Ambling along the chain link construction fence I came upon a well known "townie" and his dog. Pleasantries were exchanged and then he looked at me quizzically and asked me "Why?" There was a litany of questions attached to the "why" - "why spend the money? Why save this wreck? Why not tear it down and build a new house at half the price?" and so on.
I never have taken offense to the question, even at the core when it reflects my own personal beliefs behind historic preservation. The foundation of the answer lies quite simply in the reply "why not?" The Tilden House has great intrinsic value. The hand hewn oak and chestnut beams all date to the early 18th century and some perhaps date to the late 17th century. The hardwoods that grew in Dorchester Village and cut by the pioneers who made a life and survived at the edge of wilderness. Keep in mind, that this house, even in the worst of conditions has weathered over three-hundred New England winters. Countless snowstorms buried this homestead and it has survived. It is a survivor and continues to speak to us in new ways.
There is a treasure trove of details that are now being seen for the very first time. The fabric, construction, and the hardware that were all created right here on this property. The Tilden House will attract people, young and old, who value history and culture. It will become a backdrop to a historic landscape and help people see the cultural complexity and aesthetics of Pequitside Farm. Touching the summer beams - the load bearing timber that carries the weight of building, and knowing that David & Abigail Tilden lived in harmony in this space, brings great comfort to the visitor.
Many local preservationists and citizens have rallied in support of the Tilden for the past six decades. The heritage and the permanency of this building will become readily apparent over the next several months. Each day the house is drawn away from the brink of extinction. Why? because people care. They have cared to give their time, money, energy, votes and most of all passions. To have lost this treasure would have been unbearable. Imagine that valley on Pleasant Street without the iconic Tilden, and the answer becomes clear.
The Tilden is continuity for our community, it is embedded in our memory of this place, it is one of the reasons that makes Canton (and Stoughton for that matter) unique and culturally significant. When completed, it will again become a beautiful place to visit and learn about architecture, first-period craftsmanship and help generations in the future understand our values.
It would have been so easy to simply allow this building to slip away. To sink into history and show photos as an example of what was. I am not sure that I convinced my fellow townie this morning, and actually it really does not matter. The convincing is now past, the action is before us. Our ancestors are speaking from beyond the years. For all the families that have lived in that house, the Tilden's, Lyons', Howard's, Alexander's and so many more - their spirit is in the work we are doing today and is a fitting tribute. Why? --- Why Not!!!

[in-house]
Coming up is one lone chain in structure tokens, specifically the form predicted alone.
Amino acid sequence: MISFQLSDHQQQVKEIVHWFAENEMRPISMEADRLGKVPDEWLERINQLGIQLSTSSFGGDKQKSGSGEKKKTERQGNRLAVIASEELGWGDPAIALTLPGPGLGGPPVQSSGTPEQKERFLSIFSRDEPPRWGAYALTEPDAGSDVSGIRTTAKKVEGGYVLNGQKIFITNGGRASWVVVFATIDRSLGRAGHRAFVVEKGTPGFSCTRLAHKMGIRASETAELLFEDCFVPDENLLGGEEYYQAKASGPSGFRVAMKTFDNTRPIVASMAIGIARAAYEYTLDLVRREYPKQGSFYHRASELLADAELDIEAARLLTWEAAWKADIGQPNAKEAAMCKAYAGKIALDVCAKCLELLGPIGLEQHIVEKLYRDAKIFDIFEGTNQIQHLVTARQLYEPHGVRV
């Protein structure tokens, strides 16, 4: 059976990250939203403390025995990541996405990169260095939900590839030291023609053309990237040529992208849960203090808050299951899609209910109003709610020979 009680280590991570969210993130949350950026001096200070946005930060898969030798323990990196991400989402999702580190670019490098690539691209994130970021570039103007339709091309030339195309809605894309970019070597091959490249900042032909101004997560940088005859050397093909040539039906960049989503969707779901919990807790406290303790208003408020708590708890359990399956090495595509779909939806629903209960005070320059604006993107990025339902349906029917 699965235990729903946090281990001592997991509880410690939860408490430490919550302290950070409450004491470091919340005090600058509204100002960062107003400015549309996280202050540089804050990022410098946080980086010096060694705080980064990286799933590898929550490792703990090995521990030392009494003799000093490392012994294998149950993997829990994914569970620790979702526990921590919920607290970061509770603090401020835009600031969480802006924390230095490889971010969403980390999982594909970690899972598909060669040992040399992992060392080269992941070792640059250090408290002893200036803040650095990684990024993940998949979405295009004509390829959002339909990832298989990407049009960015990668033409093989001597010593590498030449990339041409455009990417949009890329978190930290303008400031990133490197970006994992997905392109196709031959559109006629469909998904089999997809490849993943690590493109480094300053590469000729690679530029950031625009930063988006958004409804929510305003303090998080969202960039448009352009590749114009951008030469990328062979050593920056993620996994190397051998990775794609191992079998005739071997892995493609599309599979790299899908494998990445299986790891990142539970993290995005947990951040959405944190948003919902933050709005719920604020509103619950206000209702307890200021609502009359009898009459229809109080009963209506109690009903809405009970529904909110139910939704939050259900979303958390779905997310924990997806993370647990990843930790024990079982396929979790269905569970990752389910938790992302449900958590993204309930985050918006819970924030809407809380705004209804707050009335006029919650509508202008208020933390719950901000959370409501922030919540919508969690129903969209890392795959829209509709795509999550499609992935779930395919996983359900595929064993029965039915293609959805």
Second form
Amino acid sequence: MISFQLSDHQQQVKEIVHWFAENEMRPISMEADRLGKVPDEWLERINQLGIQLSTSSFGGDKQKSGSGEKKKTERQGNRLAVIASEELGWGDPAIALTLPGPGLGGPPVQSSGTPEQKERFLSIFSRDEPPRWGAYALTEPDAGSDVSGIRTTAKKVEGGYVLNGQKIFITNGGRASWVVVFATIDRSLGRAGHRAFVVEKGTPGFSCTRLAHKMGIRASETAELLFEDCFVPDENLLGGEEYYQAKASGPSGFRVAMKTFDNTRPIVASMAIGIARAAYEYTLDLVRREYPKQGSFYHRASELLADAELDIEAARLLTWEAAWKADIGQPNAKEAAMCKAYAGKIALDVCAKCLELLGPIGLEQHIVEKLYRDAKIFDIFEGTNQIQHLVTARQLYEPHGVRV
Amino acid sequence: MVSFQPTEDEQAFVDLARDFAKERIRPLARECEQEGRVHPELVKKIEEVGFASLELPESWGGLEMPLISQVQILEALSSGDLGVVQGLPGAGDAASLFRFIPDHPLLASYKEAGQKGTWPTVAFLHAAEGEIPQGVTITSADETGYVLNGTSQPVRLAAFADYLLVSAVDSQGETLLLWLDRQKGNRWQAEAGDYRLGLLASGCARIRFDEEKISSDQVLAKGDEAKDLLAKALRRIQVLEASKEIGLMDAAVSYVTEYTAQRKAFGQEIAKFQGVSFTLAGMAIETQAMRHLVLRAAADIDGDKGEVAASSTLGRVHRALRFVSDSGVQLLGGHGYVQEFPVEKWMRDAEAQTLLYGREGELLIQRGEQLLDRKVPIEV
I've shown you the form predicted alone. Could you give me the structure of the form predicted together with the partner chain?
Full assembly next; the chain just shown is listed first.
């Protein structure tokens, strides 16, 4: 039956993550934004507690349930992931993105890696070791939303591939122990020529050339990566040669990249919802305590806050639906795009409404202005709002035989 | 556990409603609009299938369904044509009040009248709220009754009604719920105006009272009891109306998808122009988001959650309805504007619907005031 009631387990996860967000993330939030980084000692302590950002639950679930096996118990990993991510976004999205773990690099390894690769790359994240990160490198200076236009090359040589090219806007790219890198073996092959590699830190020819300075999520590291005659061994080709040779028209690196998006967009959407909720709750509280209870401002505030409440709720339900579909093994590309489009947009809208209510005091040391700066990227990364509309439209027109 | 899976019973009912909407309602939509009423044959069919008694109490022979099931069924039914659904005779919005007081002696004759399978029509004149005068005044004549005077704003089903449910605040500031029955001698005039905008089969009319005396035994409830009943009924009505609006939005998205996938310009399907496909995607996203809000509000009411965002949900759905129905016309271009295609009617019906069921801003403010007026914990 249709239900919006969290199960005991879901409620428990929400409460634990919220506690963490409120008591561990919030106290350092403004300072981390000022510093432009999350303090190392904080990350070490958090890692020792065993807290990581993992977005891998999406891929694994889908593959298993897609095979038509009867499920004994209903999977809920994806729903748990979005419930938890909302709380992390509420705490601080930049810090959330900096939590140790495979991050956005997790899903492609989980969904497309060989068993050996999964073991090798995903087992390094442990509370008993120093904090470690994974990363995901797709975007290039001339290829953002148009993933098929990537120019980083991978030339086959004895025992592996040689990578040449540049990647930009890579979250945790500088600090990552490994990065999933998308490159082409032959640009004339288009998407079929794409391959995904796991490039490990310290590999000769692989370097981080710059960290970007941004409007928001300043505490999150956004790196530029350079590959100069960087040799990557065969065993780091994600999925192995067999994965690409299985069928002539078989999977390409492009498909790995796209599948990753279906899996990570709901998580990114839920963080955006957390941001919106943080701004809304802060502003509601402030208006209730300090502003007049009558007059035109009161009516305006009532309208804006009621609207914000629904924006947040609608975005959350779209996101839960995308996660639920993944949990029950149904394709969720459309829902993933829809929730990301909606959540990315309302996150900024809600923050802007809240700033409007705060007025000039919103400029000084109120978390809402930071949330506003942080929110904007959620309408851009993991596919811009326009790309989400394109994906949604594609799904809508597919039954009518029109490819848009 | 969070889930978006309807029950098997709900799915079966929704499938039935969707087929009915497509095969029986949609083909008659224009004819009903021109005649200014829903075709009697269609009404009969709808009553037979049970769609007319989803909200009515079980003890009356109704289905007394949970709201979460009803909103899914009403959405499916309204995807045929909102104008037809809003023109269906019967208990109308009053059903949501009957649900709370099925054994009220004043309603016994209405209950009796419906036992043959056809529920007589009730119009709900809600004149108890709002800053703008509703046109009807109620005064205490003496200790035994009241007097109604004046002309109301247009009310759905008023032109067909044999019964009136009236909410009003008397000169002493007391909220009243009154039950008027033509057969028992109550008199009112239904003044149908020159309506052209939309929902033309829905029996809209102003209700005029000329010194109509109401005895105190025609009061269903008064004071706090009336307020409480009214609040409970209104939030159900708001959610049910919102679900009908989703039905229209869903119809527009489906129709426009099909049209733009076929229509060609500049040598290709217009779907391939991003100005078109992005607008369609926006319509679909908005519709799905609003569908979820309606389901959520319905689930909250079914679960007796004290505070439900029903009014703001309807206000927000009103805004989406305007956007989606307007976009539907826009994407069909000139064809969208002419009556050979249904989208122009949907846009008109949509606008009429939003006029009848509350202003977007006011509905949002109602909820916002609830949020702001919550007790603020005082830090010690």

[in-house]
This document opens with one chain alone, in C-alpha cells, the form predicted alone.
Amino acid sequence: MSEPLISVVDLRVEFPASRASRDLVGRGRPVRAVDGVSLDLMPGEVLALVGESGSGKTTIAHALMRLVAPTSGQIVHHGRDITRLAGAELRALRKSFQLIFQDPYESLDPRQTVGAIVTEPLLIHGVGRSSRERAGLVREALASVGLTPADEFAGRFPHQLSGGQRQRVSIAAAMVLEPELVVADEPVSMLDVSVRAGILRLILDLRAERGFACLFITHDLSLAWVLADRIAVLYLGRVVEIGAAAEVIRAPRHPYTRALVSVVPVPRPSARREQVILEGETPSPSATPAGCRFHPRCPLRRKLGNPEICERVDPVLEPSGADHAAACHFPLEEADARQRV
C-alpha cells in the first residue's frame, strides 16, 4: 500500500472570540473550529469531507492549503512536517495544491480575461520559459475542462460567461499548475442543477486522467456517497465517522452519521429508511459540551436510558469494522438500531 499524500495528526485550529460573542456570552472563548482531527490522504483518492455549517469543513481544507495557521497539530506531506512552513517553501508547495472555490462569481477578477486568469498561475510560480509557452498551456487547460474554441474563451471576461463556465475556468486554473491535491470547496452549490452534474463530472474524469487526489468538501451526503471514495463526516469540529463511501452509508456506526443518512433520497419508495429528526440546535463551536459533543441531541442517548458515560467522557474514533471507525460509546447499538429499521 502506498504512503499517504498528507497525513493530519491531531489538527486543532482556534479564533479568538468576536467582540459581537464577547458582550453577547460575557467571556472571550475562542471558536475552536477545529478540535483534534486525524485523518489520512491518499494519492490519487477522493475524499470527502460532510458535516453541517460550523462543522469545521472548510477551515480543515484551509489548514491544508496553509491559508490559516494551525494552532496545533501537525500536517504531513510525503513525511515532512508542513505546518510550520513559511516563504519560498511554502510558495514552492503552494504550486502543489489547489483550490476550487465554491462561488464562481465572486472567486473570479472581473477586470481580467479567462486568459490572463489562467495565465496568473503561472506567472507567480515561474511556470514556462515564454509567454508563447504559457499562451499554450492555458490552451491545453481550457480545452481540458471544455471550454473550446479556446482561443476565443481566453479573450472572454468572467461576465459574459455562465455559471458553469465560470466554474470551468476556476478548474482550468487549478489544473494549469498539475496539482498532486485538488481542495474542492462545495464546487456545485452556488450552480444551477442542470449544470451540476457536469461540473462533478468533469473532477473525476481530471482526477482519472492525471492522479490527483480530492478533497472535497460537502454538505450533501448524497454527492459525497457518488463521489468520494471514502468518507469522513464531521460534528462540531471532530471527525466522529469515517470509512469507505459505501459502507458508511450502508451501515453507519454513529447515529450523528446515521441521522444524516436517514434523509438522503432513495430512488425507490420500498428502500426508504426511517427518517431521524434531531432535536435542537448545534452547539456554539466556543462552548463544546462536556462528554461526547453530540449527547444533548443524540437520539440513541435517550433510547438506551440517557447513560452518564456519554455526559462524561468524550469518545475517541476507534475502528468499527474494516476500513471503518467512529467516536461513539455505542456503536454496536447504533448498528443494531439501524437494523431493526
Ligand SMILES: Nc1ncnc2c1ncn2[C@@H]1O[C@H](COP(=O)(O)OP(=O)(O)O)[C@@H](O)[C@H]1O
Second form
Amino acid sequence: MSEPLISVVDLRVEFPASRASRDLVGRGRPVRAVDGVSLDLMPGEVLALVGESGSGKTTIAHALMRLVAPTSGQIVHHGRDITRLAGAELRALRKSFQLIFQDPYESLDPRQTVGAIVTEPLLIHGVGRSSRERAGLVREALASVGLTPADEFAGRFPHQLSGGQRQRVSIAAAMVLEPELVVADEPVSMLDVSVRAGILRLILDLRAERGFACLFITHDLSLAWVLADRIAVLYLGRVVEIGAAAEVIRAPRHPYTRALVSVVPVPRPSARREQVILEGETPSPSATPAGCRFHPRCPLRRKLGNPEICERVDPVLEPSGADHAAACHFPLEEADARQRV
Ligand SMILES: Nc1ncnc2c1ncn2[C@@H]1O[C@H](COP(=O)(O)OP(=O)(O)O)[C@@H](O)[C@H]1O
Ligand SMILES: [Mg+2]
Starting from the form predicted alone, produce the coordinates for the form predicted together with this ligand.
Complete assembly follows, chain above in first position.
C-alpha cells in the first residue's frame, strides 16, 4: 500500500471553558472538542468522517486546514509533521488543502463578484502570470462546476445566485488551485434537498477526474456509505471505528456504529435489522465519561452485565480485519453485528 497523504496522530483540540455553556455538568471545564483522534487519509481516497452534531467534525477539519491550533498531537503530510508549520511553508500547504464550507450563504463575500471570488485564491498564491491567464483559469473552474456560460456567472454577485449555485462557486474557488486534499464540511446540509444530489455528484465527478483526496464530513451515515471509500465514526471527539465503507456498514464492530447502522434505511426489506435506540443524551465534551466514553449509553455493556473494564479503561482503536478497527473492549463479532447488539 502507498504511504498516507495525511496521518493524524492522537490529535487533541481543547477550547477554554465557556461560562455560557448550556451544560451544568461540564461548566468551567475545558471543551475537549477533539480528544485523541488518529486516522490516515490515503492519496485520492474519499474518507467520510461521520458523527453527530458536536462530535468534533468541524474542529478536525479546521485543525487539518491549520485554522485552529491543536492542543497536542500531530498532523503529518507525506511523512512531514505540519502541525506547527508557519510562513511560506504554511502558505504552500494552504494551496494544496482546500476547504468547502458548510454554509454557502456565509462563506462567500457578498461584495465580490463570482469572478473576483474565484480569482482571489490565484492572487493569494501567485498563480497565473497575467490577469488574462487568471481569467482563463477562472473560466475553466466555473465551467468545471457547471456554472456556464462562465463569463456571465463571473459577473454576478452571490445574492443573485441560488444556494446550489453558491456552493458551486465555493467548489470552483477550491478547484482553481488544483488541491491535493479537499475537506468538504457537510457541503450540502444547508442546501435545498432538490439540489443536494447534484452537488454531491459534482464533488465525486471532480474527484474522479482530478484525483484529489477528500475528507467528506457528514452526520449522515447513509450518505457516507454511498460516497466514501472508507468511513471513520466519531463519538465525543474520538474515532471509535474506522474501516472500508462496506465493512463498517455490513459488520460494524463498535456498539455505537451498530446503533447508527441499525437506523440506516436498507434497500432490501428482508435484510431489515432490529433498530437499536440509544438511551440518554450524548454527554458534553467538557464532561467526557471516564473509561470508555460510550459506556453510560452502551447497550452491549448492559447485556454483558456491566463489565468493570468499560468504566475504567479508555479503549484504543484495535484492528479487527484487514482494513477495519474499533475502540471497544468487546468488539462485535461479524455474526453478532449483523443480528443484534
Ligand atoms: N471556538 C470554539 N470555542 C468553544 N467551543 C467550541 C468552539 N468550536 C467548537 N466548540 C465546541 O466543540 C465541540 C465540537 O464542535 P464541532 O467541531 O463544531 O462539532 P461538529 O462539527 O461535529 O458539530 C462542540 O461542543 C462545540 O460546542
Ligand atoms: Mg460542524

Work is now formally underway at the Tilden House. It seems so uneventful after the years of slow and steady progress to get to this point. There was no groundbreaking ceremony, and the work is largely hidden from public view. That said, the restoration is well begun. The foundation around the entire building has been exposed and dug out around six inches around the perimeter. After three centuries, the foundation is in relatively great condition. There will be a bit of repointing and historic masonry work, but otherwise the stonework looks great.
Workers are beginning to remove the wiring and systems as part of a directed and careful demolition. Clearing out the spaces will allow new systems to be installed at a future date. Electrical, HVAC, and plumbing will be new and brought up to code. An old 60 amp electrical service will be resized and the hope is to bring all wiring underground to preserve the historic context of the setting.
All of the ground surface preparation it meant to pave the way for the new sills that will be placed between the house and the stone foundation. The white oak trees from western Massachusetts that have been felled merely weeks ago are now at the sawmill being cut specifically for the Tilden House. At some point, we will travel out to Shirley, Mass. to take a closer look at the process and begin delivery. The source of the materials in this project will be of great interest and help us tell the story of preservation carpentry and how we save this first period house.
Outside, a stately black walnut tree extends its branches as fingers touching the roof of the house. A veritable highway for squirrels will be trimmed back. The branch, as thick as an arm, will be saved and become souvenirs and crafts to help fund some of the work that is still to come. A spoon, a cutting board or perhaps a tree ornament - all to be refashioned and salvaged to help sustain the work at the house. The dead apple tree outside the kitchen has served a full life and is about to be removed. One day a historic garden will adorn the grounds, but today is a day of reckoning for the overgrown plants and trees.
Outside the back corner of the house, the ashes of a fireplace are discovered heaped against the foundation. Noted for future research and discovery. Over the next few weeks the work will become more evident to the public. Tours and short seminars on the work will be scheduled once we are well underway. It is so exciting to begin. Onward!
Go behind the scenes and learn about the preservation of this historic structure.